Caricature of Shakesepeare in chef's jacket and hat, quill pen stuck in hat, holding a pot in his left hand and a whisk in his rightShakespearecure: Cymbeline

A Wing and a Pear

Just in time for the winter holiday feasts, we are revisiting and revising our Shakespearecurean menus with the intent to complete the entire canon of recipes over the next couple of years. The first of the revisions, Cymbeline, has been posted, along with a PDF version for easy use at the grocers an in the kitchen. For the complete menu, click here.

Viola, wearing a green jacket and pants, blue shirt, and bright orange tie with a giant ladybug at the bottom, sits on the arm at one end of a three-seat airport lobby bench, one foot on the ground, one on a seat, arms outspread as she talks to the air while Olivia, stretched out on the other end of the bench and wearing black pant suit and floor-length black coat watches in fascination.On Stage: Twelfth Night

A Dying Fall Resurrects As a Great Play

When the plane crashes, the audience applauds—raucous, prolonged applause. Right up front I want to point out that disturbing observation of humanity's schizophrenic nature. I didn't clap, though I admit I had just witnessed as impressive a theatrical moment as I've ever seen on any stage, anywhere. And through that moment we along with Viola arrive in Illyria—actually, we are still back in the airport boarding lounge, but we've definitely arrived at William Shakespeare's most sublime comedy, Twelfth Night, with an ingenious, Ethan McSweeny-helmed staging at the Shakespeare Theatre Company.For the complete review, click here.

Lepedus, Octavius, and Antony sit on either side of a triangle platform in the middle of the floor, all dressed in leather armor.On Stage: Antony and Cleopatra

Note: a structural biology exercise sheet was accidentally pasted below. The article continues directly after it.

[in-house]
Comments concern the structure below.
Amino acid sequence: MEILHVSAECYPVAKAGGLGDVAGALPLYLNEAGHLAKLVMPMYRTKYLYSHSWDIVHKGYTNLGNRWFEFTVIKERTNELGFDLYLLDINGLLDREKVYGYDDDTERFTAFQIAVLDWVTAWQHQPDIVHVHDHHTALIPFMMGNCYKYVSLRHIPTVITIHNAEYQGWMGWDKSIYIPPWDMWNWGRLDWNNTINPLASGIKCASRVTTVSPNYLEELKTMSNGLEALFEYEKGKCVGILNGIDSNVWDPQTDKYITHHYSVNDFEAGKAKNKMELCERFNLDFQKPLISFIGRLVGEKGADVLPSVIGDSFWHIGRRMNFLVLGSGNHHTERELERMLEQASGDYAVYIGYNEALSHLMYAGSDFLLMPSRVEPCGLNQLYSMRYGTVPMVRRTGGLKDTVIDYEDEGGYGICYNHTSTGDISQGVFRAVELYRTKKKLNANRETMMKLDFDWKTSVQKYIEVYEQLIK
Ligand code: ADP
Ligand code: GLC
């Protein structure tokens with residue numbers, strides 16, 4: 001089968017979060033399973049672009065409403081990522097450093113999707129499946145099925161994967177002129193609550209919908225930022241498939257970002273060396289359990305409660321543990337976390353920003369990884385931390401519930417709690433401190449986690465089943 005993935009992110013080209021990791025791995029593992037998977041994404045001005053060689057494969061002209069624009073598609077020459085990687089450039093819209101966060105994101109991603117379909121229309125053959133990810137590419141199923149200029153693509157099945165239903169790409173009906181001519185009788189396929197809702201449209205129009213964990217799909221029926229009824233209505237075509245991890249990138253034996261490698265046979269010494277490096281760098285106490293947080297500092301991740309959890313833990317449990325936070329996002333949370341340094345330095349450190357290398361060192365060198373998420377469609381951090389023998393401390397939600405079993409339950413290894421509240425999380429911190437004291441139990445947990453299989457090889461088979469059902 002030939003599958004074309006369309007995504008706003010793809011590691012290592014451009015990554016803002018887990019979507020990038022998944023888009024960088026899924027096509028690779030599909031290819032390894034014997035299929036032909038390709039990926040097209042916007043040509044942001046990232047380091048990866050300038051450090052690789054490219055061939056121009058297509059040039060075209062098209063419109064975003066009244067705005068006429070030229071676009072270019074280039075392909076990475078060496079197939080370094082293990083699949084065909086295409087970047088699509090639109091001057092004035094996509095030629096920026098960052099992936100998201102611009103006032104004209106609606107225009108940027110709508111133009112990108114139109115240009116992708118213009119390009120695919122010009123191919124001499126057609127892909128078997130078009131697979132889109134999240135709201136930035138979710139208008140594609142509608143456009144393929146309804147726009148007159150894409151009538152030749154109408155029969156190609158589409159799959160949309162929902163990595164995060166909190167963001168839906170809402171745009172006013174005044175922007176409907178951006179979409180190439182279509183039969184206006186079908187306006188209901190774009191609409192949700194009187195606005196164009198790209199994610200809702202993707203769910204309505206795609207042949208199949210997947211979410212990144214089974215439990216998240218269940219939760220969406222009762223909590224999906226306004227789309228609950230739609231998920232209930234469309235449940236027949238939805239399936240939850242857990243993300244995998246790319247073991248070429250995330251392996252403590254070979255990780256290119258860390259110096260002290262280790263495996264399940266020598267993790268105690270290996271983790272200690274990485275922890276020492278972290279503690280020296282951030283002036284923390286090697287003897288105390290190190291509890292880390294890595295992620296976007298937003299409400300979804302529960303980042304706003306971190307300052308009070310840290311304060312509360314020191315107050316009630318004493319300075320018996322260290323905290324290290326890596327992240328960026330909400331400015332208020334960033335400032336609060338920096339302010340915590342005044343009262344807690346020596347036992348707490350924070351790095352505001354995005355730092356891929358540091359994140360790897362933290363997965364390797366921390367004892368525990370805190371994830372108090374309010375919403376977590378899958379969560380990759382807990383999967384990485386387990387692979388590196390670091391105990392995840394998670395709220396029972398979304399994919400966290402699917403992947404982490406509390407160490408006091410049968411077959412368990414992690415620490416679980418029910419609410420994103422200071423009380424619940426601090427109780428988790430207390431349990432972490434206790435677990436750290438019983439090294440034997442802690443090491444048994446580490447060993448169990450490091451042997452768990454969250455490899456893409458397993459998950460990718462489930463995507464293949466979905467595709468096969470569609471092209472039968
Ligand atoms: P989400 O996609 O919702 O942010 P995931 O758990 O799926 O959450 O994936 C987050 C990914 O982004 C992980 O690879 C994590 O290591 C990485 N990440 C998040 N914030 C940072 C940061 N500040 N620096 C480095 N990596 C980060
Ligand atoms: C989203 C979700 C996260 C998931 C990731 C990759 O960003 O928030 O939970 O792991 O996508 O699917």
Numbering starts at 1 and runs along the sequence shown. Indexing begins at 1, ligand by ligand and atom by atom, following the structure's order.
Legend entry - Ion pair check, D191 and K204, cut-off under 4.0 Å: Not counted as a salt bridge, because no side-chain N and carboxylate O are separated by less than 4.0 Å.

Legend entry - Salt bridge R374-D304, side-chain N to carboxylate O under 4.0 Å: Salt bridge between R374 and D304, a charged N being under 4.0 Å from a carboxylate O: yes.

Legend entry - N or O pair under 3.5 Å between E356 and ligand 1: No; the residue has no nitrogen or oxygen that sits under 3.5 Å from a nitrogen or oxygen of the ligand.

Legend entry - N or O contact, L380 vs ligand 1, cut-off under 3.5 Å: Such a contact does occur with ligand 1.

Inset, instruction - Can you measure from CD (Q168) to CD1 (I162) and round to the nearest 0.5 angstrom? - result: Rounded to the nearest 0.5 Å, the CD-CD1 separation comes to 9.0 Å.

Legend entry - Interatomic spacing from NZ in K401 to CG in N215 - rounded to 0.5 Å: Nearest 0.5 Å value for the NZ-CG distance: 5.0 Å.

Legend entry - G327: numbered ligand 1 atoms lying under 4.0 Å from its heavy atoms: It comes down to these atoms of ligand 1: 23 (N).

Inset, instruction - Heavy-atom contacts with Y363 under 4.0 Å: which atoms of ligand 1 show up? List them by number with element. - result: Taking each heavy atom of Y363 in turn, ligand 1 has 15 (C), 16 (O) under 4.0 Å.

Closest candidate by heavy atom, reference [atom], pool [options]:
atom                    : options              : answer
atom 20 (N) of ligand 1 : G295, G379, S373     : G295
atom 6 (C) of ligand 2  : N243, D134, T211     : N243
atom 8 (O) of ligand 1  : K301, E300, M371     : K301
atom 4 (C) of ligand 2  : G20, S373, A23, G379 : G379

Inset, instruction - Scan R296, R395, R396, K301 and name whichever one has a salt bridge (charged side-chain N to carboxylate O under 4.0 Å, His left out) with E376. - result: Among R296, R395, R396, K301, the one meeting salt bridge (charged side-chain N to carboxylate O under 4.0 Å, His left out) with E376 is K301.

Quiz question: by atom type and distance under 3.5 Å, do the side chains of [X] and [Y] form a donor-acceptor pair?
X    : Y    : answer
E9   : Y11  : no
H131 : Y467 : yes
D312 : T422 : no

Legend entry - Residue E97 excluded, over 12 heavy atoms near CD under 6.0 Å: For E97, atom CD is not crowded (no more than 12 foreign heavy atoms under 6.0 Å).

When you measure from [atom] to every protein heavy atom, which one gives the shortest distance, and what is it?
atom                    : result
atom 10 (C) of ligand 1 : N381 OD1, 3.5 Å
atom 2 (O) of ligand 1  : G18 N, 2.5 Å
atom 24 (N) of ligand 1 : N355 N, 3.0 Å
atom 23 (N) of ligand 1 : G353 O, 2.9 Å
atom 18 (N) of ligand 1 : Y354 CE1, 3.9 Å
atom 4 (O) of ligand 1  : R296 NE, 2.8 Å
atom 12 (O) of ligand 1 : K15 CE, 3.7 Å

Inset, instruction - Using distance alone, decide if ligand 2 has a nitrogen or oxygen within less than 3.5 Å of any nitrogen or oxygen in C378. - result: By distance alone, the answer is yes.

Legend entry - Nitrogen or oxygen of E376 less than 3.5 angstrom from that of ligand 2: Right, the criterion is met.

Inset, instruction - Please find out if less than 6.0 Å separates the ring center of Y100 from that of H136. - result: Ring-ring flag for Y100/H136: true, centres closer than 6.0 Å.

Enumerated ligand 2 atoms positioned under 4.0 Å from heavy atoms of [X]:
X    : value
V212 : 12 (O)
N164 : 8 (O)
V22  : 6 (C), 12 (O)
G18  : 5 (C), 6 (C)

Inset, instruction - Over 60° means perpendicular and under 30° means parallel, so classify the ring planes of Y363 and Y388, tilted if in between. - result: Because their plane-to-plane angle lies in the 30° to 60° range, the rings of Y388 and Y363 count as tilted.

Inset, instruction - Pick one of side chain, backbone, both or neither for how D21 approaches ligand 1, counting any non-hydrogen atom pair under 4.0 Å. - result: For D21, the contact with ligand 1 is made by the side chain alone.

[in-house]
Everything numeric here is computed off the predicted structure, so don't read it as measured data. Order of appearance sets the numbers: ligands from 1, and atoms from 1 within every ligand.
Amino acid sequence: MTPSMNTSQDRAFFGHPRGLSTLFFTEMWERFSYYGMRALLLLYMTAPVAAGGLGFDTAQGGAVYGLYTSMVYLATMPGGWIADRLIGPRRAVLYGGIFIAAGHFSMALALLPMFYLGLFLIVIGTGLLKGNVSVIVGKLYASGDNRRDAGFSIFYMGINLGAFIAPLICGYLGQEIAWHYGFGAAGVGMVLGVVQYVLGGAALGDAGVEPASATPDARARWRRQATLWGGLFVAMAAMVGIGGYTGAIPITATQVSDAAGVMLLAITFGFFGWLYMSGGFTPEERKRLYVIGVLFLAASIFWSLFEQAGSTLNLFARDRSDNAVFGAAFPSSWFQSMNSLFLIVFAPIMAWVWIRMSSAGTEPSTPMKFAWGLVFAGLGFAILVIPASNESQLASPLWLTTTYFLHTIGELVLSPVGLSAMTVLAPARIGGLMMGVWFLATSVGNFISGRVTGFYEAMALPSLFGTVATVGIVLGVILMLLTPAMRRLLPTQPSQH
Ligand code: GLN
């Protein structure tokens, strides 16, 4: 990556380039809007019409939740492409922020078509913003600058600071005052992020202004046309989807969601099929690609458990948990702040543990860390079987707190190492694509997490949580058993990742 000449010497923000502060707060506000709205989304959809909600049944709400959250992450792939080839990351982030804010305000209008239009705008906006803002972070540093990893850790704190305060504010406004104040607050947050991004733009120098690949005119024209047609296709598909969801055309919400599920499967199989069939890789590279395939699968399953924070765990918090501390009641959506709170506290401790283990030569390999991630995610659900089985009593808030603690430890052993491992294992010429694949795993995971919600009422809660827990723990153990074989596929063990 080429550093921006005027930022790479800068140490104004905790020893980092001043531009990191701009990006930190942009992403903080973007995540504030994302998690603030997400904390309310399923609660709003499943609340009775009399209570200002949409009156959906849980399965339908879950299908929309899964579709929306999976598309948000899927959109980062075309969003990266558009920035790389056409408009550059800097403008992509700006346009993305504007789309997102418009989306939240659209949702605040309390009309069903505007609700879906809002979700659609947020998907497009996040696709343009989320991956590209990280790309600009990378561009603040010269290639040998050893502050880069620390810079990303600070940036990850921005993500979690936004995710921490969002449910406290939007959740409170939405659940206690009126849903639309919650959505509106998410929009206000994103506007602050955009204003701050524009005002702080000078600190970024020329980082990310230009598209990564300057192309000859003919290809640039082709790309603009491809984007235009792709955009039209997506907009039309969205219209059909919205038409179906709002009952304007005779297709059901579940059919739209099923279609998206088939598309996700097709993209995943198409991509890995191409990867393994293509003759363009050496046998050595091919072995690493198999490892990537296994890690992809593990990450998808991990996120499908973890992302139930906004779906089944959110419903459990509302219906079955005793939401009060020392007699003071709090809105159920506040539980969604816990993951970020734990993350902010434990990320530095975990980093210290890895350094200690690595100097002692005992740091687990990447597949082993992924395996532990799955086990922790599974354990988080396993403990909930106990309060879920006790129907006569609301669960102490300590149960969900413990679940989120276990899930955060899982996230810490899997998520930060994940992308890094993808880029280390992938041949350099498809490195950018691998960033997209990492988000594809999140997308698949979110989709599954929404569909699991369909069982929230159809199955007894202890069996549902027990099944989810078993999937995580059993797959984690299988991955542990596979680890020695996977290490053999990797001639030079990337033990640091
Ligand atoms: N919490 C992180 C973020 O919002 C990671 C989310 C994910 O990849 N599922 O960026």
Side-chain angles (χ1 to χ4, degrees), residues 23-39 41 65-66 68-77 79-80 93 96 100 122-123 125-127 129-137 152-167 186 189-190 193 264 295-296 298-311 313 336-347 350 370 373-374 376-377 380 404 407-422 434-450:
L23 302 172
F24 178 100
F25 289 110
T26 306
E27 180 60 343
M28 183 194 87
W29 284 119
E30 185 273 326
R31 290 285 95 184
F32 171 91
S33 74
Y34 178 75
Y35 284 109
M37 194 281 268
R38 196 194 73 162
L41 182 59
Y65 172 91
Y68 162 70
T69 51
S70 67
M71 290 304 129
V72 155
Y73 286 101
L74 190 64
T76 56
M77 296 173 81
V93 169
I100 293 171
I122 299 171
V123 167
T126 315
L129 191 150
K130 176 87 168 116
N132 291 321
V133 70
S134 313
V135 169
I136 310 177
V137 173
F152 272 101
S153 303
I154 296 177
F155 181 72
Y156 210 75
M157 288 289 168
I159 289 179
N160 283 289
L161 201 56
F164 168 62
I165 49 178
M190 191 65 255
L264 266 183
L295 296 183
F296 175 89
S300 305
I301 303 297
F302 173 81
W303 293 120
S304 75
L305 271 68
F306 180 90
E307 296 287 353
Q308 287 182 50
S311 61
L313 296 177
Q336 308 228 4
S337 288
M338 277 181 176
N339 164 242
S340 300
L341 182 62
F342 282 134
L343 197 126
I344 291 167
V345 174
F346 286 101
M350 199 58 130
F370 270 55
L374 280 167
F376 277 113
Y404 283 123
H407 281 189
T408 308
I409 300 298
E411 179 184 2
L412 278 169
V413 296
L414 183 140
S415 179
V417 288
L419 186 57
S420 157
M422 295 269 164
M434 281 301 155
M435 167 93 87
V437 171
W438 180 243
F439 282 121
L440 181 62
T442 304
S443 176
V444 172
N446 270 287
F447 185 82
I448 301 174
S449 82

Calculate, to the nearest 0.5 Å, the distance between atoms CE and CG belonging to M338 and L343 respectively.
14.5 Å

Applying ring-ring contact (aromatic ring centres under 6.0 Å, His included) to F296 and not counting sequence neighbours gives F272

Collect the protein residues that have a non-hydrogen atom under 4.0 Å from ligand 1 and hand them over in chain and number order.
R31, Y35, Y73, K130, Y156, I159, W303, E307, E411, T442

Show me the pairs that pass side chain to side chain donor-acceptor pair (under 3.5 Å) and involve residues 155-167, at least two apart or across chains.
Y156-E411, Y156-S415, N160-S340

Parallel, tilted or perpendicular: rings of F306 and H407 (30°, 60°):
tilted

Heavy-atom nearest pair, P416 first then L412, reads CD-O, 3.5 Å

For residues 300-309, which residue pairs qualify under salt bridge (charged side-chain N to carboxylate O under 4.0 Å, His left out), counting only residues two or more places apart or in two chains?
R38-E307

The World Is Their Toy Box

Like college courses or even acting classes, Robert Richmond-helmed Shakespeare plays should come with prerequisites for all who attend: They must have read or seen the play at least once. I've seen a dozen stagings of Antony and Cleopatra and have read it at least a half-dozen times, and even I got confused during this Folger Theatre production. As is his wont, Richmond has taken a William Shakespeare play to places beyond perhaps even Richmond's own comprehension, based on the mixed visual metaphors of his staging and the thematic corners he works his actors into. I don't mind surprises when I'm watching a Shakespeare play, and I am absolutely not against adapting any of his works, as long as such adaptations achieve theatrical merit or expand philosophical insights into the plays. With Antony and Cleopatra, Richmond's adaptation results in a mixed bag on both counts. For the complete review, click here.

Faustus in blue shirt and long fest and green slacks kneels with hands outspread before a black bag in the middle of a ring of apothacary bottles and pieces of paperOn Stage: Doctor Faustus

The Devil Is in the Details

That Doctor Faustus, the Wittenberg University professor turned sorcerer, is a woman in Brave Spirits Theatre's current incarnation of Christopher Marlowe's play is only half the equation. That she is a young woman makes all the poignant difference in how this cautionary tale of temptation, soul-selling, black magic, and devilish cunning plays out. In the title role is Charlene V. Smith, Brave Spirits' producing artistic director and playing the part for the second time in her nascent career. Directing the piece is Paul Reisman, artistic director of the outstanding Washington, D.C.-based commedia dell'arte theater company, Faction of Fools. They still must contend with the pedantic pacing and clunky comedy of the playwright, but in the telling of Faustus's dramatic career arc, Reisman, Smith, and company score with a searing relevancy beyond staging the play in modern dress.For the complete review, click here.

Stache, bald head, thick (fake) fu manchu mustache around his lips an wearing a tapestry-like gold coat has his left arm around Peter, who's wearing a holy striped shirt, grubby jeans, and burlap vest, as they confer. In the background is the actress playing Molly sitting, watching, in front of a white drapeOn Stage: Peter and the Starcatcher

Such Starstuff As Dreams Are Made On